Following the Money in Education: Geography of Equity for Education

By Mitch Leventhal and Ina Tang

As we indicated in our first installment, we are interested in understanding the landscape of private equity investment into educational enterprises – those both delivering instruction (in some cases, schools) and those providing ancillary services in support of schools, educational institutions and related enterprises, an industry sector that we call the Eduspace.

Eduspace industries are human capital intensive – both in services provided and resources needed – and can be advantaged by clustering near concentrations of higher education institutions.

Last time, we provided an overview of the landscape.   Today, we are going to focus on the geography of the equity investors as well as the investees.  We want to understand where private equity firms are putting their money and see if there is any correlation between the headquarters of the firms and their investments, or other considerations which drive the geography of investment.

Of the 266 U.S. private equity firms that we have identified as of June 2013, close to half (46%) are located in the Northeast, far exceeding other regions.  Twenty-five percent (25%) of the firms are headquartered in New York, 23% in California, and 10% in Massachusetts.



California is the center of gravity hub for equity firms with a technology focus in general, which is not surprising given the dominance of Silicon Valley.  In contrast, New York is home to many firms with diverse industry portfolios. Some top New York firms, ranked by number of education investments, include Leeds Equity Partners, Quad Ventures, Rethink Education.  As mentioned in an earlier analysis, a handful of private equity firms – 11 identified as of today – specialize in the eduspace. Interestingly, New York also houses six (6) of these eduspace-focused firms.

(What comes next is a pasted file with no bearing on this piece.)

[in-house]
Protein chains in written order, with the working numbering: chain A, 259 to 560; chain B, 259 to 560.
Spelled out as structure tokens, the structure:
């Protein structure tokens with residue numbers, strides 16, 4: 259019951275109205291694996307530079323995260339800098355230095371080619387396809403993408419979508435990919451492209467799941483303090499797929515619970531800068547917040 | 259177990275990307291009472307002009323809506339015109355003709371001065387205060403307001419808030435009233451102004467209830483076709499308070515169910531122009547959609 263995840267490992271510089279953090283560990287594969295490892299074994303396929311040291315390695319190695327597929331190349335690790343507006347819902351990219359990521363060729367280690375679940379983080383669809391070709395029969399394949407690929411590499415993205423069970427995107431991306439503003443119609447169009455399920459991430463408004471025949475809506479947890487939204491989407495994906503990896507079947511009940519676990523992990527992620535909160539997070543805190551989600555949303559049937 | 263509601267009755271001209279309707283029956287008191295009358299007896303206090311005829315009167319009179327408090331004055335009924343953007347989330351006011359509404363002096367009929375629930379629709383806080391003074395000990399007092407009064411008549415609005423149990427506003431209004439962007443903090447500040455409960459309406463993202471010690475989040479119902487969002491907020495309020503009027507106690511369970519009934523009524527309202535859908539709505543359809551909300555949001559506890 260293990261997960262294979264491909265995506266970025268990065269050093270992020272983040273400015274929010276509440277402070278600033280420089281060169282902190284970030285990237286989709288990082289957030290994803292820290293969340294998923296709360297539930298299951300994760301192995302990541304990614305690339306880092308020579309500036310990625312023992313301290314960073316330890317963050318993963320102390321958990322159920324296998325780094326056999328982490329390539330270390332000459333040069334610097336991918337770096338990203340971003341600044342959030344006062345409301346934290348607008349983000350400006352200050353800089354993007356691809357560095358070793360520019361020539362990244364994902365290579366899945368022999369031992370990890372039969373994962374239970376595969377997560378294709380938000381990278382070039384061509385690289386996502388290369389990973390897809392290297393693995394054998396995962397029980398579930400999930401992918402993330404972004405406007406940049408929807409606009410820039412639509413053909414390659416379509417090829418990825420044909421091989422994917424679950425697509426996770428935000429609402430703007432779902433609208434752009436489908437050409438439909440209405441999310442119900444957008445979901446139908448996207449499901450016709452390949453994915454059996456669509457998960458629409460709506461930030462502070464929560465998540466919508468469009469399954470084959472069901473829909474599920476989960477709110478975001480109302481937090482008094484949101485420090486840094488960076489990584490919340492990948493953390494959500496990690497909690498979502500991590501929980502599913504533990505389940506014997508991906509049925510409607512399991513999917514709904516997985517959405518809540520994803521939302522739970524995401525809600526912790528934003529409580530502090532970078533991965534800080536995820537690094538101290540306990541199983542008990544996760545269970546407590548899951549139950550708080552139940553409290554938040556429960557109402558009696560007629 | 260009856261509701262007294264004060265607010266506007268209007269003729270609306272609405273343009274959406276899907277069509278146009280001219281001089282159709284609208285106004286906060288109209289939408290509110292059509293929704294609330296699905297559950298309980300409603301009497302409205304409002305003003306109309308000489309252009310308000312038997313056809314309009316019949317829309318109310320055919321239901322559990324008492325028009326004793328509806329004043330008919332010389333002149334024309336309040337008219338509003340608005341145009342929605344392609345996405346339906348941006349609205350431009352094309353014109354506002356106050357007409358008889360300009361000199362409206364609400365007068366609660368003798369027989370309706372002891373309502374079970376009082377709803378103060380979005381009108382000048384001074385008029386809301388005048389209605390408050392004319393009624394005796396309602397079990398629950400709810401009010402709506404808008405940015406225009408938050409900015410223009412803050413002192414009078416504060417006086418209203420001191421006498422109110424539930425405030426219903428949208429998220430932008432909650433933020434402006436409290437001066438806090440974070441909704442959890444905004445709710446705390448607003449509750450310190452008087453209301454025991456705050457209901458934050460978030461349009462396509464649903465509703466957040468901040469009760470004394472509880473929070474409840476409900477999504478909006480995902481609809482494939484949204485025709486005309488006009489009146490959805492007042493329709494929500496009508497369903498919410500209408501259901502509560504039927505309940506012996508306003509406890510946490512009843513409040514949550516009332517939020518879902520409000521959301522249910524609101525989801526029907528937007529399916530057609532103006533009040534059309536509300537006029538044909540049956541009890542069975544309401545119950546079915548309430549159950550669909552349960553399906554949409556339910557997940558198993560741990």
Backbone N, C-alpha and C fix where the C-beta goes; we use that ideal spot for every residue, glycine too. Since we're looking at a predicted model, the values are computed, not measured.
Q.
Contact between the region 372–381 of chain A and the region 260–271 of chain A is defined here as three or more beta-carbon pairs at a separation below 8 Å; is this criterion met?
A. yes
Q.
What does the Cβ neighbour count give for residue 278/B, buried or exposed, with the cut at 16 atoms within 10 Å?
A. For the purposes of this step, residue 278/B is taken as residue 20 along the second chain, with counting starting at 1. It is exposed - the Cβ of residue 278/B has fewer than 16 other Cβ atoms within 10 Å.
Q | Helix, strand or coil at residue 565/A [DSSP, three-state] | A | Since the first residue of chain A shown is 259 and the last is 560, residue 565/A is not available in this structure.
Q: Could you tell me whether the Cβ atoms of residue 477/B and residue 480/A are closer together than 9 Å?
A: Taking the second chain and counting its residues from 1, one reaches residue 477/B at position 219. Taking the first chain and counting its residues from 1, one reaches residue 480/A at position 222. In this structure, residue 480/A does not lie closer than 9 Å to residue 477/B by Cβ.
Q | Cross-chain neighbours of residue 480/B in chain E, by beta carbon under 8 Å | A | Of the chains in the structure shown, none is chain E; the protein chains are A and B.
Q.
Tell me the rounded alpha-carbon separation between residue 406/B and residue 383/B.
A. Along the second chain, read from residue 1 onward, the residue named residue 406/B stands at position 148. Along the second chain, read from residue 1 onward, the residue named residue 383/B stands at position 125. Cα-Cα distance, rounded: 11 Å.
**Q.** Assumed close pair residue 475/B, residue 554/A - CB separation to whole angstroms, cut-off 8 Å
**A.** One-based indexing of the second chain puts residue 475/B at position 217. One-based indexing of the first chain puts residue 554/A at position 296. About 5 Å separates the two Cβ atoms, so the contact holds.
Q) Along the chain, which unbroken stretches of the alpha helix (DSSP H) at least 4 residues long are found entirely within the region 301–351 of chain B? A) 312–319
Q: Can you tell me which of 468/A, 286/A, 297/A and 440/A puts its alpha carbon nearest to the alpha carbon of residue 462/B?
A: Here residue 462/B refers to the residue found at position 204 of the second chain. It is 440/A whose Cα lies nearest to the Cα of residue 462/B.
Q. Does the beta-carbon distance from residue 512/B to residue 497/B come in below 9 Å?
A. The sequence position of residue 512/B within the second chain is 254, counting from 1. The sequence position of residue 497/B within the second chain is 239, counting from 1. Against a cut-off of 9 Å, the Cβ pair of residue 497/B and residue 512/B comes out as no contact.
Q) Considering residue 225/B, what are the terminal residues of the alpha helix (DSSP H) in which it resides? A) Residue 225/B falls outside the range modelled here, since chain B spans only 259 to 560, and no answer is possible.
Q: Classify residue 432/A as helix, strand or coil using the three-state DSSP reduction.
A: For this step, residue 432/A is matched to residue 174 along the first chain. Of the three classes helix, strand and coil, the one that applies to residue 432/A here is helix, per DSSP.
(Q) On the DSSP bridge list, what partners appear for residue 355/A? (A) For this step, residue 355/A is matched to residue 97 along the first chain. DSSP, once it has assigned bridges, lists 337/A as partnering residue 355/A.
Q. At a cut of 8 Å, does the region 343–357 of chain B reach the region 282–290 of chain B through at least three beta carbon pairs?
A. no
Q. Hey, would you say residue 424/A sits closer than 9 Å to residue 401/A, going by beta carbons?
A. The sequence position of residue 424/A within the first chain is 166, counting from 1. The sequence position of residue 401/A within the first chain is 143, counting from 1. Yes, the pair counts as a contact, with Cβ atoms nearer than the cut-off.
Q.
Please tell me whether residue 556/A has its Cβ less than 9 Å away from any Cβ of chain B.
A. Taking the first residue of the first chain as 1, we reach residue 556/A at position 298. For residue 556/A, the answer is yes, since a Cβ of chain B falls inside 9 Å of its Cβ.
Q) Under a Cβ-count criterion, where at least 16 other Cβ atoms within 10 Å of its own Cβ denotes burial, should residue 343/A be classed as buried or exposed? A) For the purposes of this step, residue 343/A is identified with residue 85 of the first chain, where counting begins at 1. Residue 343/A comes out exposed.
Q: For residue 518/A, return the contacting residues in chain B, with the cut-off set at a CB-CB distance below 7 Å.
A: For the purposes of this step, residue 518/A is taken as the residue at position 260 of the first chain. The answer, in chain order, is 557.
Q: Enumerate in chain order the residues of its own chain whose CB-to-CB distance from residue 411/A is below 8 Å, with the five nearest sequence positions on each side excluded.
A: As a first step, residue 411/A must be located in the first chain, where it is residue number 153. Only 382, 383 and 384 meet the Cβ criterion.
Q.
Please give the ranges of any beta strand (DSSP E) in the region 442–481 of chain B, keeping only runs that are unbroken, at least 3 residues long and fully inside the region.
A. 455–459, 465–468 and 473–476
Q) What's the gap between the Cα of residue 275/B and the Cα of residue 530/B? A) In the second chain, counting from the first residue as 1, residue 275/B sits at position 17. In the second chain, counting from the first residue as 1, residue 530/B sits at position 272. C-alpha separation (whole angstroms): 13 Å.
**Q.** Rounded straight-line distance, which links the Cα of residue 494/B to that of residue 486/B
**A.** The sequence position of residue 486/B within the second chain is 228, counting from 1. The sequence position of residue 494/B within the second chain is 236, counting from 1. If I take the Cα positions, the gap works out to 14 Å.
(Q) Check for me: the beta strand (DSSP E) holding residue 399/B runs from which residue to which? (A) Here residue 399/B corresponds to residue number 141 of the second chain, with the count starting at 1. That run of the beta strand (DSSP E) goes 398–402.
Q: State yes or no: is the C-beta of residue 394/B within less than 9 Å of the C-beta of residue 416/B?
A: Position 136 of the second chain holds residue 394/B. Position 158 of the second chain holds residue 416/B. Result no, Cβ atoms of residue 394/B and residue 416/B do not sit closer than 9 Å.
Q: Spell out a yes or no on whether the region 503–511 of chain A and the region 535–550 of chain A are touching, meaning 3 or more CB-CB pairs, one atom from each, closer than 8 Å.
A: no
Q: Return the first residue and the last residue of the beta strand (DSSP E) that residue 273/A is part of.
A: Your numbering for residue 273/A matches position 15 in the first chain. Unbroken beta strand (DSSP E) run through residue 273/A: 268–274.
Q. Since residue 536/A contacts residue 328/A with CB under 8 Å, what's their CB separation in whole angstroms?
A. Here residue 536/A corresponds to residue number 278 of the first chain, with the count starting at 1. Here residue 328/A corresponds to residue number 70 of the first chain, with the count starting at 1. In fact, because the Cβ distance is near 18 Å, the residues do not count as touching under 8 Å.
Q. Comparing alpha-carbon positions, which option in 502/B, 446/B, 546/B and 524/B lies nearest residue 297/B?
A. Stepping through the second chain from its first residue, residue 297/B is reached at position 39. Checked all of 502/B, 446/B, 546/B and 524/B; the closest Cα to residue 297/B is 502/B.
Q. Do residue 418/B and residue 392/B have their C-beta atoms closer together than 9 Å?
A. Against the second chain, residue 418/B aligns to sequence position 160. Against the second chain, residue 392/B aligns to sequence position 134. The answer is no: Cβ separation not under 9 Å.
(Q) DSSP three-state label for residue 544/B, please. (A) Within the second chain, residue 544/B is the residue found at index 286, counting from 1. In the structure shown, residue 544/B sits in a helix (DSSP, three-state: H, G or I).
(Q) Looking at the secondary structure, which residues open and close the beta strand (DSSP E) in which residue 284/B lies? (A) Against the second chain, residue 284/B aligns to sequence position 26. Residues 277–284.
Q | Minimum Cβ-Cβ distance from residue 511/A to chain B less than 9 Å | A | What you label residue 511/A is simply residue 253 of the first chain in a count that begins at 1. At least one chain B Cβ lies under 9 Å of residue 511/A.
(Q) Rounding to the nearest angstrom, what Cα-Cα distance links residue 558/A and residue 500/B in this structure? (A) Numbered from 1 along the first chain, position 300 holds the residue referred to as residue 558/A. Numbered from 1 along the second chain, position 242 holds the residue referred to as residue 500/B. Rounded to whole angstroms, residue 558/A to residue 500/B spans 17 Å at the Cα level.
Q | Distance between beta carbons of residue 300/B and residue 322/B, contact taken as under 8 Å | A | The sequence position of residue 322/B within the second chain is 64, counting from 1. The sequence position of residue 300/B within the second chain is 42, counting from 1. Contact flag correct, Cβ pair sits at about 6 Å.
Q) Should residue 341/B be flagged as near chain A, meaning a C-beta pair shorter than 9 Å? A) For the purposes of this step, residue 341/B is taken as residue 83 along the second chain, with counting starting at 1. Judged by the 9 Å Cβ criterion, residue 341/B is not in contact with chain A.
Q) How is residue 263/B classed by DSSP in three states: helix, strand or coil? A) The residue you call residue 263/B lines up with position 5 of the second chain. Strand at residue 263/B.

But where are these equity firms investing?  In order to start painting this picture, we looked at the headquarters location for recipient companies as listed on the equity firms’ websites. Despite the concentration of equity firms in New York and the Northeast, our research establishes that California is in the lead as a destination for eduspace investment.  Taken together, private equity firms have invested in 105 such companies in California, 54 in New York, and 35 in Massachusetts.  Non-US companies are also attracting significant attention from American equity investors; about 10% of companies receiving investment are headquartered overseas.  These recipients of investment are more evenly dispersed throughout the regions compared to the private equity firms – 28% are based in the West, 26% in the Northeast, and 25% in the South.



Interestingly, investment is gravitating to the various eduspace sectors similarly among New York, California and Massachusetts. This seems to indicate that no state has yet identified a significant advantage over any other, in any one sector.  These outcomes are the result of laisser-faire market forces and are not driven by public policy.  However, it does appear that an opportunity now exists for states and localities to take control of the situation and promote differential development based on unique local advantages in the marketplace.


© 2013 Mitch Leventhal and Ina Tang